Immune system molecule affects our weight

September 24, 2012

Researchers at the Sahlgrenska Academy, University of Gothenburg, Sweden, have identified a molecule in the immune system that could affect hunger and satiety. The researchers hope that new treatments for obesity will benefit from this finding.

Interleukin-6 is a in our that plays an important role in fighting off infection. However, recent research has, surprisingly, shown that it can also trigger weight loss. Researchers at Sahlgrenska Academy, University of Gothenburg, have been investigating and managed to identify the specific types of that are targeted by the interleukin-6 molecule.

The results show that the cells that are affected by interleukin-6 produce substances that not only affect our sense of hunger and fullness but also control the body's ability to burn fat. "Interleukin-6 increases levels of substances in the brain that trigger weight loss, which could explain why high levels of this molecule lead to weight loss," says Erik Schéle, who is presenting the results in his thesis.

It is known that our normally low levels of interleukin-6 in the brain increase dramatically during an infection, typically accompanied by reduced hunger and fatigue.

"Our previous findings would indicate that interleukin-6 can play a key role in regulating the metabolism of healthy individuals too," says Erik Schéle.

"This is clearly substantiated by our finding that mice which lack interleukin-6 get fat, and that the metabolism of rats injected with interleukin-6 directly into the brain increases."

Although it is not yet fully understood how interleukin-6 in the brain affects bodyweight, the researchers have concluded that anyone whose brain produces plenty of interleukin-6 could be protected against overweight. The thesis also shows that our indirectly affect the substances in the brain that regulate bodyweight.

"This is both surprising and new. It could in the long run lead to people fighting obesity by changing what they eat in line with how it affects the brain," says Erik Schéle.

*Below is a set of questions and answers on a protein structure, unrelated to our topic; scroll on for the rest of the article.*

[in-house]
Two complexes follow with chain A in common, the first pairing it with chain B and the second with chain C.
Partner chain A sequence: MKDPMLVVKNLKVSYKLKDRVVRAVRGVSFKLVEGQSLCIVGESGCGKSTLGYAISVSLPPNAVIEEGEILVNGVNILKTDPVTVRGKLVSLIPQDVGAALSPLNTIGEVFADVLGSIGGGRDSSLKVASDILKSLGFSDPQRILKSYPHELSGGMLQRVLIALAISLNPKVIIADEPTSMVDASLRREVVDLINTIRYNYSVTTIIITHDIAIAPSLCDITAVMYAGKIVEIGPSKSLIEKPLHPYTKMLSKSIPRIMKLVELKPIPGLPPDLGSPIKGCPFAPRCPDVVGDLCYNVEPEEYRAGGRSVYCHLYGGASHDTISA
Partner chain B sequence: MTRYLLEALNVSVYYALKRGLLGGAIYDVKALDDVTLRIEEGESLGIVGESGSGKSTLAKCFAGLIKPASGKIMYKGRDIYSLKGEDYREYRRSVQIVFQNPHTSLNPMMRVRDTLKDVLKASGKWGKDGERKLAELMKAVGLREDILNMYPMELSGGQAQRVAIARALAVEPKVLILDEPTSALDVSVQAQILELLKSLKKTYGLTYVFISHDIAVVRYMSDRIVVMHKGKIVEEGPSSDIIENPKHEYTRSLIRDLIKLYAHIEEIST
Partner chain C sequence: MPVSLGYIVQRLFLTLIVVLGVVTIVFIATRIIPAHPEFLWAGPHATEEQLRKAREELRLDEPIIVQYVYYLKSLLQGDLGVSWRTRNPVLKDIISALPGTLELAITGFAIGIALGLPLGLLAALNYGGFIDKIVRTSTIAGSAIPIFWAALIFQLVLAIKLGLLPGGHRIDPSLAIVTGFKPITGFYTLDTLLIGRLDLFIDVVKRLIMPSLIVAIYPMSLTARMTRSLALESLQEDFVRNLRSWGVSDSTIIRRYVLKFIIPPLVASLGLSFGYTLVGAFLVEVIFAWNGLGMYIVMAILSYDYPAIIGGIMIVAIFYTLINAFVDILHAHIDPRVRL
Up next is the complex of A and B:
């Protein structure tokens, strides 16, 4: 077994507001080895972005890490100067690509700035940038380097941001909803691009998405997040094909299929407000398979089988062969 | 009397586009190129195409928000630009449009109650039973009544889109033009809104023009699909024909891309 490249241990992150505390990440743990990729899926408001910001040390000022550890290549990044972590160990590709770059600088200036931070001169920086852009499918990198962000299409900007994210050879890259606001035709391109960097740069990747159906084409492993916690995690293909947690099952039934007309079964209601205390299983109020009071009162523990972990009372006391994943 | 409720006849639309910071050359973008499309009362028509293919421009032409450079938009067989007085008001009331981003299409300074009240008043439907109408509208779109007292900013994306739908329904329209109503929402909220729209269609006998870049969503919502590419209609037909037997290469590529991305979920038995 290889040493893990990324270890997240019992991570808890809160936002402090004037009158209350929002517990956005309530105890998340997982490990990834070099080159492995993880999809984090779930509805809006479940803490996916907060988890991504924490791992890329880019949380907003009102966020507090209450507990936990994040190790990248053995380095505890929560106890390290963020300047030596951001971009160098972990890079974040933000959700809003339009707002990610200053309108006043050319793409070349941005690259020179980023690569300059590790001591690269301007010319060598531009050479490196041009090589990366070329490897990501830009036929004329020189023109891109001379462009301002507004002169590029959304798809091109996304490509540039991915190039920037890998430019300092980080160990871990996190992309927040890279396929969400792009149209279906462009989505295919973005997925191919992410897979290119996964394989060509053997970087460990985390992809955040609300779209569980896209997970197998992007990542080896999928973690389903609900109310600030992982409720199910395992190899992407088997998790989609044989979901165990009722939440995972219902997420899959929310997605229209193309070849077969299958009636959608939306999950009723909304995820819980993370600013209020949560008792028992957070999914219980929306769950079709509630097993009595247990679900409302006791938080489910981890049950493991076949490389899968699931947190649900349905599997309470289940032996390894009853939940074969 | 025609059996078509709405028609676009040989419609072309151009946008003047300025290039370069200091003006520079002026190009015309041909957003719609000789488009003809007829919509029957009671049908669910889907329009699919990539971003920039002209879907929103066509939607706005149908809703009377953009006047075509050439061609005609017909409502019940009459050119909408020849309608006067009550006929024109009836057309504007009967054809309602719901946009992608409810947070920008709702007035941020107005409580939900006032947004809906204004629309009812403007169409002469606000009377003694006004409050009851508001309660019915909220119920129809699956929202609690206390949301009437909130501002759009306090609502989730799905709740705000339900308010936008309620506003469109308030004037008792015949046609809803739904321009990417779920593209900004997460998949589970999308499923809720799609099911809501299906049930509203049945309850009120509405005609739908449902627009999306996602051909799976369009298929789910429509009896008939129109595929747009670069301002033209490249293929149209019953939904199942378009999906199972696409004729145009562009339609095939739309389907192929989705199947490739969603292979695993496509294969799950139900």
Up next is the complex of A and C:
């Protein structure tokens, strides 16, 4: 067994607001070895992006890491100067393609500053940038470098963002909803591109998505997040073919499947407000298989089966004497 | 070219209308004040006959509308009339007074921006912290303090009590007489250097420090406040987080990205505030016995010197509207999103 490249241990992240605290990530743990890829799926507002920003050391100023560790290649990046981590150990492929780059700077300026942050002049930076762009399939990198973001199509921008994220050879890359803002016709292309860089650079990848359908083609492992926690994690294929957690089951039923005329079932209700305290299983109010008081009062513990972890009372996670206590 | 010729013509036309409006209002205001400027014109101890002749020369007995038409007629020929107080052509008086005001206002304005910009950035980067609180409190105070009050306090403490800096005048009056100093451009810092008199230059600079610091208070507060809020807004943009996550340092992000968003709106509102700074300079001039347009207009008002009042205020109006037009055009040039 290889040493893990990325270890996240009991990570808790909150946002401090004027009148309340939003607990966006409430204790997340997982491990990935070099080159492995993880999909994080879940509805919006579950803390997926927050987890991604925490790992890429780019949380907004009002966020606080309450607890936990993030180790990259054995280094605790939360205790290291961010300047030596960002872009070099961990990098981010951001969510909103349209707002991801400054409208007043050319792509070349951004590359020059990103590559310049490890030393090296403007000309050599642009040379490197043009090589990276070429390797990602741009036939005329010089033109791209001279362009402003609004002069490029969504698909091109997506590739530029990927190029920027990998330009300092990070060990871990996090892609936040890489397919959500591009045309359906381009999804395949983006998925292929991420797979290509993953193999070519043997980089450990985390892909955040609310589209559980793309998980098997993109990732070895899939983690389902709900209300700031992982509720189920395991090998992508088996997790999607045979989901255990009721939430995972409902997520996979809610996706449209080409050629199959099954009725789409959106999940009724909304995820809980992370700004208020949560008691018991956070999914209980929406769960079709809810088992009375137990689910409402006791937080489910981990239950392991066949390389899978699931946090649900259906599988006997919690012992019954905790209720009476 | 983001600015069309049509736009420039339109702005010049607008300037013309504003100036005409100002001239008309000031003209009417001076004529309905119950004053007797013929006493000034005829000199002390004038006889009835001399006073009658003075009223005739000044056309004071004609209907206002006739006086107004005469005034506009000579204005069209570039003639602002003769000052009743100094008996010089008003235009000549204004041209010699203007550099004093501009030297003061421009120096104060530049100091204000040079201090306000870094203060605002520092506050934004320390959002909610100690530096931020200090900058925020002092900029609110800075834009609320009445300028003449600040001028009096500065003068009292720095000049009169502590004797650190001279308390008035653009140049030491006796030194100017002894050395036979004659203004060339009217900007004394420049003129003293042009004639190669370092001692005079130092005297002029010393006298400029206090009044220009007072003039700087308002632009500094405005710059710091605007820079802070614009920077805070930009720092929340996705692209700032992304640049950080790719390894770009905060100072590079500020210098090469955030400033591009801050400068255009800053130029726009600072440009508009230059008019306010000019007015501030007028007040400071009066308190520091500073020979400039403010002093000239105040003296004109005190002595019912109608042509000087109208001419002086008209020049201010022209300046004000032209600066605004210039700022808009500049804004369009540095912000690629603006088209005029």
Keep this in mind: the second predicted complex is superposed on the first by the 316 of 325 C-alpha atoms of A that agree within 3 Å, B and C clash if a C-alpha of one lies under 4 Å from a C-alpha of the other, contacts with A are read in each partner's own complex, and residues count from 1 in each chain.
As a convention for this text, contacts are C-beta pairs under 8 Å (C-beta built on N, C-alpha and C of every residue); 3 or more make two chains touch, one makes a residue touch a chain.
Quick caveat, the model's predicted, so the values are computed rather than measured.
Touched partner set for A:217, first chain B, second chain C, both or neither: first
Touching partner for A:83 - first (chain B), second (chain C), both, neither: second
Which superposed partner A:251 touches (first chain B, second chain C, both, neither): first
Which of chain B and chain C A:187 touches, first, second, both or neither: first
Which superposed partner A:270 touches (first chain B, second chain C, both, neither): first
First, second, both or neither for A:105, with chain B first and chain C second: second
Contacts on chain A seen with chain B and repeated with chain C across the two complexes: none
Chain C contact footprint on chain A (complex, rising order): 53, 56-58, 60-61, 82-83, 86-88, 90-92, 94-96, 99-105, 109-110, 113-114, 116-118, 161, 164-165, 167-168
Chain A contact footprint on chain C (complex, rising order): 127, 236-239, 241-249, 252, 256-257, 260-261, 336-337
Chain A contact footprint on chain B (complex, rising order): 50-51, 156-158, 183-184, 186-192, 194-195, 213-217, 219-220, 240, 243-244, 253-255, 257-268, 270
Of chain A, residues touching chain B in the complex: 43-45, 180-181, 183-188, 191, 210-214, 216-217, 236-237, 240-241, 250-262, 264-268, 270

Explore further: Scientists find molecule in immune system that could help treat dangerous skin cancer

Related Stories

Scientists find molecule in immune system that could help treat dangerous skin cancer

July 8, 2012
Researchers from Brigham and Women's Hospital (BWH) have made a groundbreaking discovery that will shape the future of melanoma therapy. The team, led by Thomas S. Kupper, MD, chair of the BWH Department of Dermatology, and ...

Weight loss led to reduction in inflammation

May 1, 2012
Postmenopausal women who were overweight or obese and lost at least 5 percent of their body weight had a measurable reduction in markers of inflammation, according to a study published in Cancer Research, a journal of the ...

Recommended for you

Drug could cut transplant rejection

November 21, 2017
A diabetes drug currently undergoing development could be repurposed to help end transplant rejection, without the side-effects of current immunosuppressive drugs, according to new research by Queen Mary University of London ...

Study explores whole-body immunity

November 21, 2017
Over the next few months, millions of people will receive vaccinations in the hope of staving off the flu—and the fever, pain, and congestion that come with it.

Atopic eczema—one size does not fit all

November 21, 2017
Researchers from the UK and Netherlands have identified five distinct subgroups of eczema, a finding that helps explain how the condition can affect people at different stages of their lives.

Breast milk found to protect against food allergy

November 20, 2017
Eating allergenic foods during pregnancy can protect your child from food allergies, especially if you breastfeed, suggests new research from Boston Children's Hospital. The study, published online today in the Journal of ...

Zika-related nerve damage caused by immune response to the virus

November 20, 2017
The immune system's response to the Zika virus, rather than the virus itself, may be responsible for nerve-related complications of infection, according to a Yale study. This insight could lead to new ways of treating patients ...

How a poorly explored immune cell may impact cancer immunity and immunotherapy

November 17, 2017
The immune cells that are trained to fight off the body's invaders can become defective. It's what allows cancer to develop. So most research has targeted these co-called effector T-cells.

0 comments

Please sign in to add a comment. Registration is free, and takes less than a minute. Read more

Click here to reset your password.
Sign in to get notified via email when new comments are made.